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  1.  (1004.1)
    Its no secret that I used to work in Biology, and took several courses on the subject. It has made me laugh, giddy and euphoric, and made me sob like the world was going to end.

    Today I share with you the tale of the Frog that Would Not Die; inspired by Templesmith's twitter post linking to The Brain that Would Not Die.

    I do not know where our frogs came from. They were leopard frogs, apparently wild-type, standard prey of biologists across the generations. We were to dissect them, monitor with fancy computers, electrodes and techno-gadgets, muscle responses, and Learn Things.

    Durring the lab, several frogs kicked the bucket, as is expected when you have had your brain scrambled, and vital organs removed. By the end of the lab, everyone's frog was dead, but ours.

    A skin, a head, heart and lungs was pretty much all that remained of this poor creature. Distressed that our animal continued to breathe and its heart beat, my lab partners and I beseeched our teacher to do something. We were told to wait a bit. A half hour passed, than an hour...

    It continued to breathe, it's little heart continued to beat. We became increasingly upset. We demand the teacher do something. We asked about cruelty, and pain, and were informed that the animal could not feel pain, it's brain was scrambled, it was not suffering.

    We poked the frog. We prodded it. We zapped it. Its heart continued to beat.

    For a moment its heart stopped, and we held our breath, thinking: Now, now this poor animal has gone on to a better life... and as we exhaled in relief, the animal's heart began to beat again.

    Finally our teacher sighed, told us to give him the frog. We expect him to kill it somehow, but instead, he just put the frog in a plastic bag, inside a garbage bag with the other dead frogs.

    Its heart was still beating. It was still breathing; and while logic says the animal must be dead by now, several years later, some part of me thinks: Somewhere, in a plastic bio bag, is a frog. A frog that will not die.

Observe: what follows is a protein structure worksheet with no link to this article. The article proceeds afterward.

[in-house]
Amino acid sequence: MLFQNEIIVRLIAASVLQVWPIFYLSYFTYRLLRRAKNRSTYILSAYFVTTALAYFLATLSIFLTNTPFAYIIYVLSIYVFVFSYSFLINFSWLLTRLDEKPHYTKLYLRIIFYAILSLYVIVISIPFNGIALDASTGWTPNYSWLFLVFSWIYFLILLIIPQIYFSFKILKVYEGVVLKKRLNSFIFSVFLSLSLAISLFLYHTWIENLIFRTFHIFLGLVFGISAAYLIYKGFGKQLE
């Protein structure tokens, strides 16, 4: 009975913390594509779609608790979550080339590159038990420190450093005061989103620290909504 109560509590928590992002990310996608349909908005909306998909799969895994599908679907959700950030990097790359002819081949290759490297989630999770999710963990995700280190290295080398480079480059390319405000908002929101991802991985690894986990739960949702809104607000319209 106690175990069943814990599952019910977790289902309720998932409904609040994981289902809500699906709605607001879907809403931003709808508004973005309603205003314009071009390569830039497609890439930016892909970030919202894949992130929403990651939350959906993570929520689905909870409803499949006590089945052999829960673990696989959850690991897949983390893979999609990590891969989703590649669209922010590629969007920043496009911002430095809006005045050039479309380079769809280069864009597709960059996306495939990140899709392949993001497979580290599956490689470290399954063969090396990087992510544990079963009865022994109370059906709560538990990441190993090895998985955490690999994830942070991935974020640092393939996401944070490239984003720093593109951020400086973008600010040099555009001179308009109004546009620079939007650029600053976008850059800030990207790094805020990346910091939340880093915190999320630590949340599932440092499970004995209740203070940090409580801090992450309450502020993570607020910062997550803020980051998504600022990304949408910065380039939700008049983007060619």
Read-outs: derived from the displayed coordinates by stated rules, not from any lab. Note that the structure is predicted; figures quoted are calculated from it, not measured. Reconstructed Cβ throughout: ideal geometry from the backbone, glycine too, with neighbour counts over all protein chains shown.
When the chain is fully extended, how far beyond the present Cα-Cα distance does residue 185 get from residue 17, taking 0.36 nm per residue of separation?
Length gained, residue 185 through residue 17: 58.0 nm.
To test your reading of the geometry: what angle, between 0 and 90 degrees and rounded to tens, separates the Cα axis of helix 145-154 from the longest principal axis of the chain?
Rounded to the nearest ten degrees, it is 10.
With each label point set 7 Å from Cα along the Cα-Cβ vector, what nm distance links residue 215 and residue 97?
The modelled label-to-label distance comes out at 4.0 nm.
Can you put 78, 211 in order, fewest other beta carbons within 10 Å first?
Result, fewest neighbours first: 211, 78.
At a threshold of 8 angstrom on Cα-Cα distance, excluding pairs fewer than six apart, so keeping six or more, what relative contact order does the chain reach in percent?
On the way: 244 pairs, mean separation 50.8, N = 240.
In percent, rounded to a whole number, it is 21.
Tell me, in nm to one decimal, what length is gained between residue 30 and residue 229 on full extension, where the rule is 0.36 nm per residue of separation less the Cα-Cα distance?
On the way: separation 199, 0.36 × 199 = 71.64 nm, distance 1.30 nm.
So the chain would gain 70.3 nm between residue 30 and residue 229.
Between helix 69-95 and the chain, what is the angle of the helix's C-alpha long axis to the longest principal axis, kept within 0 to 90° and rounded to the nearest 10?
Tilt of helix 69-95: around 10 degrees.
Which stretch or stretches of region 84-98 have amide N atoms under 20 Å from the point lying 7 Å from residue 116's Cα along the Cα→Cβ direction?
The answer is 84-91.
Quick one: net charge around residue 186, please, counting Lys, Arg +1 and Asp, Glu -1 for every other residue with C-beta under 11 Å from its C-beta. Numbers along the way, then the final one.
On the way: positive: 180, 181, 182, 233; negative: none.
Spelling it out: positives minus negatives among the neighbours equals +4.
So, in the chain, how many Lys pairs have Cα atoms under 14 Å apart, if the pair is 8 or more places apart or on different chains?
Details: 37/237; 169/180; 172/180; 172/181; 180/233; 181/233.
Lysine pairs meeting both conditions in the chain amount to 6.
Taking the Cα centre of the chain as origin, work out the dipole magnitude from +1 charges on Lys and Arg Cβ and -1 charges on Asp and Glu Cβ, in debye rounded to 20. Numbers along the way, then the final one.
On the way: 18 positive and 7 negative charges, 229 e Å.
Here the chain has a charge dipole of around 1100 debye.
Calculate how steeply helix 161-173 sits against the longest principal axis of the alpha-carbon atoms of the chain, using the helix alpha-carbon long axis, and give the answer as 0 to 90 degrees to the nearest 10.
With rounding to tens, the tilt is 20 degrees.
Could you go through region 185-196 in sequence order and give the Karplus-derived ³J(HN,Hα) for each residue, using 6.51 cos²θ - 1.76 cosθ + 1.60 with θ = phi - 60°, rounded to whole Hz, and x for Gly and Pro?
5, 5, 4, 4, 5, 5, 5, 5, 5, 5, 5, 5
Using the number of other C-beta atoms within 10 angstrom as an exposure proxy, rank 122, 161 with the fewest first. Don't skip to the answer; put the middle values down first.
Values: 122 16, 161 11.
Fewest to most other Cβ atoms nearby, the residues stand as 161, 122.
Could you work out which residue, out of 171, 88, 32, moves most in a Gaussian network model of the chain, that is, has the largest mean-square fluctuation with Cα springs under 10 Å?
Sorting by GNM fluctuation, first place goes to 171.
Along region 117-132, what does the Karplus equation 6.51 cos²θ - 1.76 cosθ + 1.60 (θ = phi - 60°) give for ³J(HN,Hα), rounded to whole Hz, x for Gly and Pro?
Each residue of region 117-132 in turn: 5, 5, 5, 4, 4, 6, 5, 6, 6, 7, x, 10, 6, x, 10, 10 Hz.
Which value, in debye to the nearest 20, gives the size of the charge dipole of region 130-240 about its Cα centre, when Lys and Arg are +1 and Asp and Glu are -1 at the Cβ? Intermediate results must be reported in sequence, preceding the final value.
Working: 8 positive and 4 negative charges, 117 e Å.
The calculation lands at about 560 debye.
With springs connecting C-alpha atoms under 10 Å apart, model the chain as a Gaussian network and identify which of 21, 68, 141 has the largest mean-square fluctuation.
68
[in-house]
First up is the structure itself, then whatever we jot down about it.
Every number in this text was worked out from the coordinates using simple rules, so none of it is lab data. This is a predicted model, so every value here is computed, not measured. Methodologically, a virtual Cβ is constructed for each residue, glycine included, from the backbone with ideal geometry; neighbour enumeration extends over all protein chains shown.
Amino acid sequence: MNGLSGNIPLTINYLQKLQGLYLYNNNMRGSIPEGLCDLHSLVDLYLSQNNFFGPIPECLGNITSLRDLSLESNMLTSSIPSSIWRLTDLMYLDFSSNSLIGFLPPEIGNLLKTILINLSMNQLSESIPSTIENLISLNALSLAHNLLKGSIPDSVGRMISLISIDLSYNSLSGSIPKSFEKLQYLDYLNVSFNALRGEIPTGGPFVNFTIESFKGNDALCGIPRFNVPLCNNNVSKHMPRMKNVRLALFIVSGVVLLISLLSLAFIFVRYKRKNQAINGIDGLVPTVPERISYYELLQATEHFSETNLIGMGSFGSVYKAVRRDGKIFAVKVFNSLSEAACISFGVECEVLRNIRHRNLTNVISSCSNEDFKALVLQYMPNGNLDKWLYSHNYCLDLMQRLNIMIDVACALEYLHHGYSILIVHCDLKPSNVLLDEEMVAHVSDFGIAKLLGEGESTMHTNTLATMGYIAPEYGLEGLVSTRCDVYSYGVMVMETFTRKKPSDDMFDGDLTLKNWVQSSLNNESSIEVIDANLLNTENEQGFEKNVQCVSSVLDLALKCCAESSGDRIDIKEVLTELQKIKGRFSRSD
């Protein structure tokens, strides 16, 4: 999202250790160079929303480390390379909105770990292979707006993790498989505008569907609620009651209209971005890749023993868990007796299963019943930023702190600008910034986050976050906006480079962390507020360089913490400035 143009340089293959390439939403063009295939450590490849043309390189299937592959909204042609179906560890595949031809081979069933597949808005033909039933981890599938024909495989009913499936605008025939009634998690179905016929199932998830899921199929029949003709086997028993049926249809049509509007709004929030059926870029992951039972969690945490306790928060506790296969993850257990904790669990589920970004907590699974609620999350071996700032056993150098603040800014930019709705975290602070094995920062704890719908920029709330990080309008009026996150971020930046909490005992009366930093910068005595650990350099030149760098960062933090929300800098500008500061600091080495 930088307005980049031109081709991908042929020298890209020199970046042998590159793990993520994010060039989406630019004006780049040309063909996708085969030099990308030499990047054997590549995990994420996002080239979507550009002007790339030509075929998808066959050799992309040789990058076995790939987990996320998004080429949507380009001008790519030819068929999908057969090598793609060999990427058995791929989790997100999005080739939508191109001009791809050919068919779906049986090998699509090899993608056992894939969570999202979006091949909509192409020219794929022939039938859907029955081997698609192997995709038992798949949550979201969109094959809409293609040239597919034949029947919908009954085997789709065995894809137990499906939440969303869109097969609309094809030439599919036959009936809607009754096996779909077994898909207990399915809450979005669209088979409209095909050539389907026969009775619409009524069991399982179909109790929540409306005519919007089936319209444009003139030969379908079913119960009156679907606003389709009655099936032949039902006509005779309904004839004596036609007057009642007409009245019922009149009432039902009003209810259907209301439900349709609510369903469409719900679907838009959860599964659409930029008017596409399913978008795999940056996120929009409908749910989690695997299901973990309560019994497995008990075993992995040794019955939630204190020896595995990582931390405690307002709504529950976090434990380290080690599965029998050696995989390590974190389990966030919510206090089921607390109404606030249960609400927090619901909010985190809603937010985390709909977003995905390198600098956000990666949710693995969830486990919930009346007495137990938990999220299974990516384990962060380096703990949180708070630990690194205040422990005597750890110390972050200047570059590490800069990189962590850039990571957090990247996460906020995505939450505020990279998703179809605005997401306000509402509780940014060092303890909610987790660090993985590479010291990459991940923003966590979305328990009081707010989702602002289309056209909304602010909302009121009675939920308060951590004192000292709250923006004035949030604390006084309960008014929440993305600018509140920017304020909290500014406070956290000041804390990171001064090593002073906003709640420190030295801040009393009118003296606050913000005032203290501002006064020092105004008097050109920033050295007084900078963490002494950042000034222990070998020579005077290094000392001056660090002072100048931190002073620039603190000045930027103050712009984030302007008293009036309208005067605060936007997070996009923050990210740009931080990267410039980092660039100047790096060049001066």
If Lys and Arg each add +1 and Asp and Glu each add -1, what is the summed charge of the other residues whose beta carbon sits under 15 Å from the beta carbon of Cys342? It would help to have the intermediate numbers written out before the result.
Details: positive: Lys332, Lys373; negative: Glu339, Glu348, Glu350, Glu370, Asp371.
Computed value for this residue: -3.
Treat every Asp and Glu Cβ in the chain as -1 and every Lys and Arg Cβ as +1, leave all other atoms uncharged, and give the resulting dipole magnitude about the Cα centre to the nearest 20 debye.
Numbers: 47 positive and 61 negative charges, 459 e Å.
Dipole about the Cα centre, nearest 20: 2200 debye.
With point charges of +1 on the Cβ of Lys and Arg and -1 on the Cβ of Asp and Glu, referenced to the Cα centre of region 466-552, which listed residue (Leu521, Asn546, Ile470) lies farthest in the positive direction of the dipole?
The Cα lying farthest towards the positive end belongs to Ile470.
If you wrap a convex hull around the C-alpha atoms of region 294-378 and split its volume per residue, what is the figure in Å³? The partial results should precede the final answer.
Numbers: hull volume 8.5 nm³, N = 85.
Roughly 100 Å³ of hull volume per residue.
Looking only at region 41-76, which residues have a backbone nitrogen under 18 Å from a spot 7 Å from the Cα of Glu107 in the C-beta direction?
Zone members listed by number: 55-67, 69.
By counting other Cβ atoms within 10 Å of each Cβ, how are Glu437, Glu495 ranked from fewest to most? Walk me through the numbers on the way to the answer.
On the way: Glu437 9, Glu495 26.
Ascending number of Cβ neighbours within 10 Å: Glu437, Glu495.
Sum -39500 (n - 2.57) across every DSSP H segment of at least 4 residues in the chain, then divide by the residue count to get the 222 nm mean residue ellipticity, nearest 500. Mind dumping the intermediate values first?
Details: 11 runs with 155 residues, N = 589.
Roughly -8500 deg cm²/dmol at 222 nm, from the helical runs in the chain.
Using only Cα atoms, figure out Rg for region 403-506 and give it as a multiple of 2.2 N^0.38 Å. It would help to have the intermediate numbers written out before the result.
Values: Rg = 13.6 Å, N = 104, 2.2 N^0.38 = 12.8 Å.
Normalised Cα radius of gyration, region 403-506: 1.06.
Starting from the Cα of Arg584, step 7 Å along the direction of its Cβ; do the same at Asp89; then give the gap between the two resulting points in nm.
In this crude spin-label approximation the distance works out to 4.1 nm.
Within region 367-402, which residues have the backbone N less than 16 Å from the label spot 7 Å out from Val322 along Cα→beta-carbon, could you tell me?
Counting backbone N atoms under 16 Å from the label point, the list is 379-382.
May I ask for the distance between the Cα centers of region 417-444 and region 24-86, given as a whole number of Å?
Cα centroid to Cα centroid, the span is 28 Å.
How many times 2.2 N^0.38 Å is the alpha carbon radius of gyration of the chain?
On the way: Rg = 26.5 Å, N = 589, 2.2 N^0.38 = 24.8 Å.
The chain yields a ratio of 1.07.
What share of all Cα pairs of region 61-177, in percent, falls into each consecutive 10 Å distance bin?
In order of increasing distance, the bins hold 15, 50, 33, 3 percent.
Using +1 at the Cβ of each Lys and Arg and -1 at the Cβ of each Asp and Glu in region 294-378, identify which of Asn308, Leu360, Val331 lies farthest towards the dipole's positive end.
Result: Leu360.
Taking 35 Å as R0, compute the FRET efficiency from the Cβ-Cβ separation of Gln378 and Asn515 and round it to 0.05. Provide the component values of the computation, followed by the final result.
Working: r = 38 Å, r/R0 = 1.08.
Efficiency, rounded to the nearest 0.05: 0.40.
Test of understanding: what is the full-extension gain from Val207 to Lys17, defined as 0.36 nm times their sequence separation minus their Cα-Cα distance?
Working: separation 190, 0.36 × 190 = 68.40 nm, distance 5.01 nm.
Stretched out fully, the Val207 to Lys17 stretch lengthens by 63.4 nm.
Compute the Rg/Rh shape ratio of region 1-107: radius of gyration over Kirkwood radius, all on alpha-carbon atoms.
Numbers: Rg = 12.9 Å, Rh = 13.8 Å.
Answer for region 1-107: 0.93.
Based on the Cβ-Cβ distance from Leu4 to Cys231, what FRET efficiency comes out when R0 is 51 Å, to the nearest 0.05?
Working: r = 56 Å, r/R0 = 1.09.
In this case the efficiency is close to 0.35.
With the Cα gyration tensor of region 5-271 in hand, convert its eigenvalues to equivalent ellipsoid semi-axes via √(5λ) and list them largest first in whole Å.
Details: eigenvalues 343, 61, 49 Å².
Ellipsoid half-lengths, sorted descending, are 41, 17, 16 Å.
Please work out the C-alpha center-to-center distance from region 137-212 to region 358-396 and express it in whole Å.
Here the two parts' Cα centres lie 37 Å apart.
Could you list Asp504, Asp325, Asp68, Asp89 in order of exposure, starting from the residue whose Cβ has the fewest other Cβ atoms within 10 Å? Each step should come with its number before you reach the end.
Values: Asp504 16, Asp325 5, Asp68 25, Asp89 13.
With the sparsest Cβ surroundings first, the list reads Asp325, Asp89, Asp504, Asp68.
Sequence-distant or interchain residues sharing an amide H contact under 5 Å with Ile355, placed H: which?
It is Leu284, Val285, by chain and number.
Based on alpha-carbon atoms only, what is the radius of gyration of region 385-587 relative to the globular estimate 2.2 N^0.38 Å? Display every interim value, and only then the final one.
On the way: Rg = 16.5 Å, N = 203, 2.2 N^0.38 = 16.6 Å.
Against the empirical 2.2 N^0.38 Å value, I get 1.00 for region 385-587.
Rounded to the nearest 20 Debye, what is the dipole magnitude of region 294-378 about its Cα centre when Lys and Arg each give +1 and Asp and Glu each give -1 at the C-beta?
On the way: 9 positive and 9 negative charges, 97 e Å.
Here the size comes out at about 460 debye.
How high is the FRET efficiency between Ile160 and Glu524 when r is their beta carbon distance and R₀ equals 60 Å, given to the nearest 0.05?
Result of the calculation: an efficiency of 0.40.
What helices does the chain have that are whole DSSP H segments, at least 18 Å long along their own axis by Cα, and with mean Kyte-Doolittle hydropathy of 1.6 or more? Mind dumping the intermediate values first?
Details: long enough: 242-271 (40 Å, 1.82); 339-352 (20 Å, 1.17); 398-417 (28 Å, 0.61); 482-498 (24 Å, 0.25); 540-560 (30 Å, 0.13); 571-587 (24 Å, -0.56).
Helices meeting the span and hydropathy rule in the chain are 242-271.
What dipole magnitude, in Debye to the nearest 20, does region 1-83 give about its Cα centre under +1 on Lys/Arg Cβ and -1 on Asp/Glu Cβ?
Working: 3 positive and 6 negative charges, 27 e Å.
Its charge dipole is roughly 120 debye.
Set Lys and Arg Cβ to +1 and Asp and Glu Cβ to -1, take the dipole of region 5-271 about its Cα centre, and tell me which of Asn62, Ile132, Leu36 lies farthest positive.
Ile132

It is Schroedinger's frog.
  2.  (1004.2)
    While packing stuff we came across a fetus in a jar. A human fetus. It floated, bobbed, and wobbled around, and, at midnight, having found it unexpectedly amongst the lab glassware, I screamed like a sissy girl. There are some things a tired mind doesn't like to handle. Fetus-in-a-jar is one of them.

    A similar sight were the 2 50-odd-year-old human brains preserved in jars we found sometime before the fetus. Something about the brains bobbing really got to my stomach; the brains rolling about in their yellowed, formaldehyde-preserved glory, their sour-sweet rancid stench...

    We also found a cat from a cat dissection, that had been forgotten for 2 years. Other than being a bit dry, it had not rotted at all.
  3.  (1004.3)
    The teacher could have squeezed the damn thing dead instead of just shoving it in a plastic bag. I don't know him personally, but from what you've said, I have to presume he's kind of a prick.
  4.  (1004.4)
    Andre- we were expecting him to do something, not just put the bugger in the bag.
    It creeps me out. And I feel really bad, even if the frog couldn't feel or understand anything; ah the joys of empathy with lab animals.
    • CommentTimeFeb 13th 2008
    Frog's hearts are wierd things. They will sometimes keep beating for a long time even after the animal itself has bucked the kickit. Suspending them in solution just prolongs the effect, you can then remove it from the body completely. A friend of mine proposed to his wife with a small cube containing her engagement ring around a still beating frog's heart floating in goo.

    *shakes head* Nerd love scares me.
  5.  (1004.6)
    Ben - I didn't know that. It's mildly reassuring to know that the beating heart did not mean our frog was actually immortal (by the end we were exhausted, and making highlander jokes between nervous giggles).